Our guest is Marcel St. Pierre, the Artistic Director of Toronto’s Bad Dog Theatre. He’s studied and performed with The Second City [Toronto] and The Groundlings [LA] (among many). He has written and produced for The Comedy Network, YTV and the CBC. Marcel is also gluten-free so you can safely digest him if you have allergies.
A TORONTONIAN’S THOUGHTS ON THE MONTREAL IMPROV SCENE
Ah, improv. That beast with 1,000 offers that has kept me in it’s warm embrace for nearly… 17 years now. I added the “…” to illustrate the point that when people ask me how long I’ve been improvising now, I need to actually think and count.
This is for several reasons. One, I’m bad at math. And two – holy crap! It’s been a long time! And three… holy crap, has it really been 17 years? Yes, it has. So how does somebody go from tinkering with improv for fun to discovering it has become their life’s work?
In my case: I blinked and it just happened. There really was no other choice I wanted to make.
The year was 1991. I had just returned from a trip to Europe to ‘find myself’. I wasn’t there, so I came back. I moved out to Toronto from New Brunswick with a teaching degree, ostensibly to find a job teaching (duh!). Instead, I opted to take an extra year to again ‘find myself’, and do stand-up in the big city. I chanced upon an ad for free ‘Theatresports Toronto’ classes and took them because:
a) I had no money and
b) I figured improv would help me write better stand-up material
c) see reason (a).
And nearly two decades later, I’m still at it… and somehow, magically, I’m lucky enough to be the Artistic Director of an improv company that I run with many of my friends. But these days I sometimes shake my head and ask, “How did I get here?”
At many points in my life I have given anywhere from 1 to 3 to 5 to 7 nights a week to the artform. (Yes, improv is art!) And like some art, I sometimes make money from it. Mostly, I don’t… but I still do it. I still teach it. And I still take classes. I’ve taken classes and seen improv from all over North America – Toronto, Chicago, Vancouver, San Francisco, Los Angeles – and met improvisors from all over the world. And I know improvisors – my mentors, and possibly some of yours – who have been doing this thing for 25 years and more.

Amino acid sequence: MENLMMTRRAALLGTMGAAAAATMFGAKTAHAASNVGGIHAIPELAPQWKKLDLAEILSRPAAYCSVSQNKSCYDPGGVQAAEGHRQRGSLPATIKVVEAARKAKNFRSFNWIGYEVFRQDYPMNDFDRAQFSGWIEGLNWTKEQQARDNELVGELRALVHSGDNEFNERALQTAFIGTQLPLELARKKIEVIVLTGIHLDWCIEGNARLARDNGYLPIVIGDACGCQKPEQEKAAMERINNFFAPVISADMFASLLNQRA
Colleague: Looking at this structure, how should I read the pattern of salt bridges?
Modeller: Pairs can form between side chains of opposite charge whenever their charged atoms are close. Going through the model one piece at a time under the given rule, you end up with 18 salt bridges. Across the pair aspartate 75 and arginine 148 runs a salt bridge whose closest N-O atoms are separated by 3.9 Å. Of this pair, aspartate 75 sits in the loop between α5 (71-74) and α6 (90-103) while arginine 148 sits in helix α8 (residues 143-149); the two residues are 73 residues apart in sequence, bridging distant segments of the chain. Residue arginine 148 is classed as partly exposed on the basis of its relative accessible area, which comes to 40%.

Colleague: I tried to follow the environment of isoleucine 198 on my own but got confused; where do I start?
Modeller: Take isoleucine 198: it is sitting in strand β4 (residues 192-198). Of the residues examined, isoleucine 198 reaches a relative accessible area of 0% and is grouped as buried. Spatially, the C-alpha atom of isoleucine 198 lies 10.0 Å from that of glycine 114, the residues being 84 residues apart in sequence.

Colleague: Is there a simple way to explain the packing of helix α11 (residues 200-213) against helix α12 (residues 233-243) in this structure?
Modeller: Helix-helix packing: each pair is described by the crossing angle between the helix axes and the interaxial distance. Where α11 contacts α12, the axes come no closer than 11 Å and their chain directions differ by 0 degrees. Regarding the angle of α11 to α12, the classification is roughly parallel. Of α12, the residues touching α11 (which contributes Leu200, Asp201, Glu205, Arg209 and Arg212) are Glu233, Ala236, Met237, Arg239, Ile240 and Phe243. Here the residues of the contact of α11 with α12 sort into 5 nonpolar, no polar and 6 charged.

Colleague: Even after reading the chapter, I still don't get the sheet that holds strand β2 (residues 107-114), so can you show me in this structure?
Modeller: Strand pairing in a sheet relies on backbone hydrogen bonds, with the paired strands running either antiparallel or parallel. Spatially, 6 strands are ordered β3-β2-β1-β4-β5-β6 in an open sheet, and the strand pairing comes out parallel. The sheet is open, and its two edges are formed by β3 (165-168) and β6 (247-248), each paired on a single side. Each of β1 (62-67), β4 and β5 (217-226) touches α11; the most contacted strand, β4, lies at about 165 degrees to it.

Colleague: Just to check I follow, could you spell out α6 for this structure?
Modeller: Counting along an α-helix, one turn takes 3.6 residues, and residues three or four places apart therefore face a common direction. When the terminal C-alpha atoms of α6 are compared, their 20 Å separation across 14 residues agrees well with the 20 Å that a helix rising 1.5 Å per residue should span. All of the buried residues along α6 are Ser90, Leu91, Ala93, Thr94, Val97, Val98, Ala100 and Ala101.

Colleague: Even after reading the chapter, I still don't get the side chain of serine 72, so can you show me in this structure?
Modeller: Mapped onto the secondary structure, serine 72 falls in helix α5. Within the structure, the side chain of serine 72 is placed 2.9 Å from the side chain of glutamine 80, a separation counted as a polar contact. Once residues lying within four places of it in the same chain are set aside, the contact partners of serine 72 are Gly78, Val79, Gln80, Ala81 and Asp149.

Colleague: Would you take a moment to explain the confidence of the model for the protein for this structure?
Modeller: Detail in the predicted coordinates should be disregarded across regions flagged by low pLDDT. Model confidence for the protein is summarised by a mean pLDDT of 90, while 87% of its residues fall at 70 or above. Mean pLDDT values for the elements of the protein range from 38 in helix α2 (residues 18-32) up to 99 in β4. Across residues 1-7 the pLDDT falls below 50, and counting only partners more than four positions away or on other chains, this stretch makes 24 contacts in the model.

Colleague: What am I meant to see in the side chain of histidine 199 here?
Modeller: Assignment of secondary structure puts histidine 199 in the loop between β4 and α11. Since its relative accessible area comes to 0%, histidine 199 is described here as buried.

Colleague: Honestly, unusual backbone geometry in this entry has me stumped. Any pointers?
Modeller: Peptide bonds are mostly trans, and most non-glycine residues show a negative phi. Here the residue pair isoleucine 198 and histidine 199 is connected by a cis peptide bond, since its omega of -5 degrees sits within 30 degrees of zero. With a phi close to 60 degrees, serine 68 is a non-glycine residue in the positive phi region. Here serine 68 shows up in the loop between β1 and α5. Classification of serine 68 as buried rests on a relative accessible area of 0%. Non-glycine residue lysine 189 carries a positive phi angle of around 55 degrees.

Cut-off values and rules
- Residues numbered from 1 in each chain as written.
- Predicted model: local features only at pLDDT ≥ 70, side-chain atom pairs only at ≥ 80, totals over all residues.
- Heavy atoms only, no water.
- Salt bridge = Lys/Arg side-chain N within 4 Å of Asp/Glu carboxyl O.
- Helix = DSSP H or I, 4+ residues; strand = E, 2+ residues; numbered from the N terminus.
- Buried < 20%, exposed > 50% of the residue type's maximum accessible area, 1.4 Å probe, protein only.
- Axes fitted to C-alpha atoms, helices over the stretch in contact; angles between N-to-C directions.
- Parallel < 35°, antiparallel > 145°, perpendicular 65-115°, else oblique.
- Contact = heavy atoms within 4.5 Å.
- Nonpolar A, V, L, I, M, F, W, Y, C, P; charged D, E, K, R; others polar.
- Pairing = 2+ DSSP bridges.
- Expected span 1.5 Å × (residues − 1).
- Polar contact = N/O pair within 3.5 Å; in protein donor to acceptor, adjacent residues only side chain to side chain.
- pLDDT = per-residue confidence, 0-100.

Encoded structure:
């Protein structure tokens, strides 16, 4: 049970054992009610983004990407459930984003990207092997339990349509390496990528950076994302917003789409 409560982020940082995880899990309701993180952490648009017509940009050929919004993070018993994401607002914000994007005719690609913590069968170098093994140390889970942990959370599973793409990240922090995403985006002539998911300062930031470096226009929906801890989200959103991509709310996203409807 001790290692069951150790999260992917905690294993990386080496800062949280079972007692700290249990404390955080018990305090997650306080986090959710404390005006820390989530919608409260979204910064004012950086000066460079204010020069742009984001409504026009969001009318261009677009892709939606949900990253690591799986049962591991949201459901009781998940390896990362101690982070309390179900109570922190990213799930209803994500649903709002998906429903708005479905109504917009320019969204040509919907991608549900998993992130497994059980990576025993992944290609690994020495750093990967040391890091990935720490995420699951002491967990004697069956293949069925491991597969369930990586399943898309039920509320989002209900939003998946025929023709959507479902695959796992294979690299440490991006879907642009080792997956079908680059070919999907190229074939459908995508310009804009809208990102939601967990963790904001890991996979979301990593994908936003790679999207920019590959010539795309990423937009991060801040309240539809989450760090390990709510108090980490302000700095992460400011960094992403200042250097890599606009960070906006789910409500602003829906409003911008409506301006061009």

So what does all this have to do with you?
Well, if you’re reading this blog, you’re at least somewhat interested in improv. And probably from Montreal. I’ve lived through an explosion in the Toronto improv scene that is still growing and I think I’m seeing the same thing beginning to happen in Montreal, and I’m excited about it.
So here’s a few words and thoughts for the Montreal improv scene. If you’re already doing these things, DON’T STOP!
a) In the spirit of improv, work together, even if you’re from different troupes. Support each other’s shows. Cross-promote.
b) You’ve hopefully figured out now (or you should start figuring out) that free workshops are great to get you going, but advanced classes you pay for with seasoned improvisors and instructors are even better. This keeps great improvisors employed, and able to keep honing their craft and teaching you better and better skills. It’s a ‘trickle-down’ culture that each and every one of us helps keep alive and get better by supporting it financially. If good improvisors are broke, sometimes they have to quit improv. So continue to give/take free classes, to get people interested and initiated, but don’t be shy about charging/paying for them, especially if you want the state of improv in your city to get better and better.
c) Import/export improv ideas, teachers, formats and games. Travel outside your borders. Go to festivals in other cities.
d) Workshop often. Play even MORE often. Even if it’s just for each other. The audiences will come.
e) GROW improv in Montreal by teaching more improvisors. By creating more improvisors, you will create more audiences. And these audiences will create more improvisors. And so on and on.
f) If at all possible, involve a dolphin.
Previous Guests: Charna Halpern, Jill Bernard